Opinion  EC-COI-85-64

Date: 08/13/1985
Organization: State Ethics Commission

A municipal fire chief who is responsible for enforcing town fire ordinances may not be paid for working private details in the town, because his detail compensation would be received for performing acts which are the subject of his official responsibility.

Table of Contents


You are chief of the Town of ABC's fire department and as such have responsibility for enforcing Town fire ordinances. DEF stadium is located in the Town, and when events are held there they can attract several thousand people. As fire chief you assign paid details of firefighters to stadium events. A fire department officer also works these details for the purpose of supervising the firefighters. The officer in charge uses a Town vehicle when he works these details. Firefighters are paid for their private detail services at a rate established in their collective bargaining agreement with the Town. The stadium pays the Town for the firefighters' services. The Town deposits that money in a special account separate from other Town monies and then pays the firefighters out of that account. The Town charges the stadium a 10 percent administration fee pursuant to G.L. c. 44, § 53C. As fire chief you would be paid in the same manner as the firefighters for working a detail but would receive a higher rate of compensation based on your annual salary broken down into an hourly wage. This figure is approximately twenty dollars an hour, and you state that you would earn at least one hundred dollars for each detail.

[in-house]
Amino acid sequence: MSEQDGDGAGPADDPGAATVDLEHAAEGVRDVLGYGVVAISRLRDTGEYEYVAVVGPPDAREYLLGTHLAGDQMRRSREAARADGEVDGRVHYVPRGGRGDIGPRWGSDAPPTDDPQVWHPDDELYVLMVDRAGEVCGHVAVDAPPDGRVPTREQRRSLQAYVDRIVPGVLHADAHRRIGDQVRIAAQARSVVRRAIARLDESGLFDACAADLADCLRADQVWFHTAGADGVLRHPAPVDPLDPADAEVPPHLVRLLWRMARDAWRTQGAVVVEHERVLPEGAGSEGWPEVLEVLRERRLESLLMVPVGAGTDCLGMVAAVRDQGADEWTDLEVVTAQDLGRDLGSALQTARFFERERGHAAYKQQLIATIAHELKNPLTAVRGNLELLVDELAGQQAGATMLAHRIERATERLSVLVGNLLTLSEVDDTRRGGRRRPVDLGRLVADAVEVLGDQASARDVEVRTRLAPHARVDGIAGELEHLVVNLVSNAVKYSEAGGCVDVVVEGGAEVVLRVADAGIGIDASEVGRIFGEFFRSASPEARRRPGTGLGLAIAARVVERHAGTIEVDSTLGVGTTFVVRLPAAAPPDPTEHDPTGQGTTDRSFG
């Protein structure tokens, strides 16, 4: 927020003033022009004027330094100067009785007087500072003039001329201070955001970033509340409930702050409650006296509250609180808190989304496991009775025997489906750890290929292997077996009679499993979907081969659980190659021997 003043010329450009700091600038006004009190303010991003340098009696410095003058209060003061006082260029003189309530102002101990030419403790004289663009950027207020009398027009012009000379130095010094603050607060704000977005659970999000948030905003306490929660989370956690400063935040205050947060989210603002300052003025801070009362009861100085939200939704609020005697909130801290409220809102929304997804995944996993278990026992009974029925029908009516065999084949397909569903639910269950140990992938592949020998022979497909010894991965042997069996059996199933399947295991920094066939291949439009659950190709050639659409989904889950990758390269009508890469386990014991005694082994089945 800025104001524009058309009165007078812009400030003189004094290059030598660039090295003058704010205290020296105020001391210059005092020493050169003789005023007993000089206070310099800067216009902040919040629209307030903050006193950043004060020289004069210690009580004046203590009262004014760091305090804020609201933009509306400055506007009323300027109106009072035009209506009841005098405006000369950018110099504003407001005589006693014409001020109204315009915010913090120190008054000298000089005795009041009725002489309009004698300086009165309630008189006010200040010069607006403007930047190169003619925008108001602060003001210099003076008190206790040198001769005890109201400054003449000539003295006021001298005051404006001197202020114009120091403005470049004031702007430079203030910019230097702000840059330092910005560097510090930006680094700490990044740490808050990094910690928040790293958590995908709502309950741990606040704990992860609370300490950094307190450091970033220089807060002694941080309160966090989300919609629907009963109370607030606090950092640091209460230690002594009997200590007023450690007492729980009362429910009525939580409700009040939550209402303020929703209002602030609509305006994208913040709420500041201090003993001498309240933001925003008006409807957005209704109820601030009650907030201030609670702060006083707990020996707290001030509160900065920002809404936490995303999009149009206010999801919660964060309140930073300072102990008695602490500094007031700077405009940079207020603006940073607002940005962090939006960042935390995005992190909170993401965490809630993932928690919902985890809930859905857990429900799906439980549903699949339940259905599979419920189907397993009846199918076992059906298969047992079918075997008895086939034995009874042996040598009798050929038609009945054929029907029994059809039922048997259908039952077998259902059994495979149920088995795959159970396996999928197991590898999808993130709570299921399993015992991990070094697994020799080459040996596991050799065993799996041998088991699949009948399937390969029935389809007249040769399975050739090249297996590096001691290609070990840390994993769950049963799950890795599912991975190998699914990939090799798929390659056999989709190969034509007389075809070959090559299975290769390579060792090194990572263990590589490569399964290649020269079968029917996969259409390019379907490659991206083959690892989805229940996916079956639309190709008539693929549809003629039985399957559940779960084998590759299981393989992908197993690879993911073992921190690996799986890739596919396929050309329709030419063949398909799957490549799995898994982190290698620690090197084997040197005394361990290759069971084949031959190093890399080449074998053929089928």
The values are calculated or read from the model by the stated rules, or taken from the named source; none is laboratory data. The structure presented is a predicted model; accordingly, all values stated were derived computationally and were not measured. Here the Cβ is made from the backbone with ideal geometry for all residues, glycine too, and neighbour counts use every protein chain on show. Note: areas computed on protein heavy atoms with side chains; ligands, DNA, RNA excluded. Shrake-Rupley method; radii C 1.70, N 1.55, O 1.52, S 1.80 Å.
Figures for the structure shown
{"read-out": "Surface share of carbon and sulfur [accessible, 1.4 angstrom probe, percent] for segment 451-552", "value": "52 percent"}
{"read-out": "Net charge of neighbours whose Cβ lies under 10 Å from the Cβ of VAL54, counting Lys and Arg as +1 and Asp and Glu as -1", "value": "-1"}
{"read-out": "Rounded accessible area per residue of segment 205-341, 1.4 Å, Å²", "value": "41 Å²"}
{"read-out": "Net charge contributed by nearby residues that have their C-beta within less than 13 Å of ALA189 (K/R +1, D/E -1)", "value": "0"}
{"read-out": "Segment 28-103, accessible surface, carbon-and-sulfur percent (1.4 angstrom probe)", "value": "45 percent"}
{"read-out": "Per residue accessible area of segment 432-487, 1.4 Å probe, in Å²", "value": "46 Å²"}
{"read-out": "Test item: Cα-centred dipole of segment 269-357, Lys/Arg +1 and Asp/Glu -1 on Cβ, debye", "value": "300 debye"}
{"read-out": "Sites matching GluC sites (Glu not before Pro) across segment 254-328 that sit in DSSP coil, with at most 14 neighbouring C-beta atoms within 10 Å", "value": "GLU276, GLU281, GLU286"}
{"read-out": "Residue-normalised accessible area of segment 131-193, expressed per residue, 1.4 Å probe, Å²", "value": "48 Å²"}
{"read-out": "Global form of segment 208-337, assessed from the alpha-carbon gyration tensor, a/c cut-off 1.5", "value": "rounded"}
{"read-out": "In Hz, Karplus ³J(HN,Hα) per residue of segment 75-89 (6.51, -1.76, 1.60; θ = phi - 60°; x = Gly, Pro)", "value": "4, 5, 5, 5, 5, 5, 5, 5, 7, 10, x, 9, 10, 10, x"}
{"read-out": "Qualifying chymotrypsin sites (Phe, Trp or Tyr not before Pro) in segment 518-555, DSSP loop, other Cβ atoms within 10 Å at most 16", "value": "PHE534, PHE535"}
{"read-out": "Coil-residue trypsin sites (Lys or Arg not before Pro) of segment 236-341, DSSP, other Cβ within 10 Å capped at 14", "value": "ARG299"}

Does G.L. c. 268A permit you as fire chief to be paid for working details at the stadium?




As fire chief for ABC you are a municipal employee and therefore are subject to the provisions of G.L. c. 268A, the conflict of interest law. The section of the law that is applicable to your question is § 3.

Section 3(b) prohibits a municipal employee, other than as provided by law for the proper discharge of official duties, from directly or indirectly receiving anything of substantial value for himself for or because of any official act or acts within his official responsibility performed or to be performed by him. You have stated that your general supervisory responsibilities require you to be on call twenty-four hours a day. You have responsibility for enforcing fire and safety codes within the Town. You have responsibility for the activities of firefighters who are working paid details. When you work a stadium detail you use a Town vehicle. Thus the money you receive for working stadium details is being paid to you for your performing acts which are the subject of your official responsibilities as chief. See, e.g. In the Matter of James F. Connery, 1985 Ethics Commission 253; In the Matter of John A. Deleire, 1985 Ethics Commission 236. Furthermore, the payment you receive is something of substantial value.[1] While your situation is distinguishable from those in Connery and Deleire in that you are not paid directly by the stadium management, this does not alter the result. Section 3(b) prohibits both the direct and indirect receipt of items of substantial value (emphasis supplied). Under the G.L. c. 44, § 53C payment procedure, the Town merely serves as a conduit between the private entity and the public employee, presumably to ensure the efficiency and integrity of the off-duty detail work system. The money you receive from the Town is the money paid to the Town by the stadium, specifically earmarked as payment for detail work and segregated from all other Town funds. Thus you are being indirectly compensated by the stadium for services you are already being paid by the Town to provide. In summary, § 3(b) prohibits the arrangement you have asked about.[2]

End Of Decision

[1] See Commonwealth v. Famigletti. 4 Mass. App. 584 (1976) (A fifty dollar payment constitutes something of substantial value within the meaning of G.L. c. 268A, § 3(b).

[2] The advice contained in this advisory opinion is prospective only and cannot address the propriety of conduct that has already occurred.

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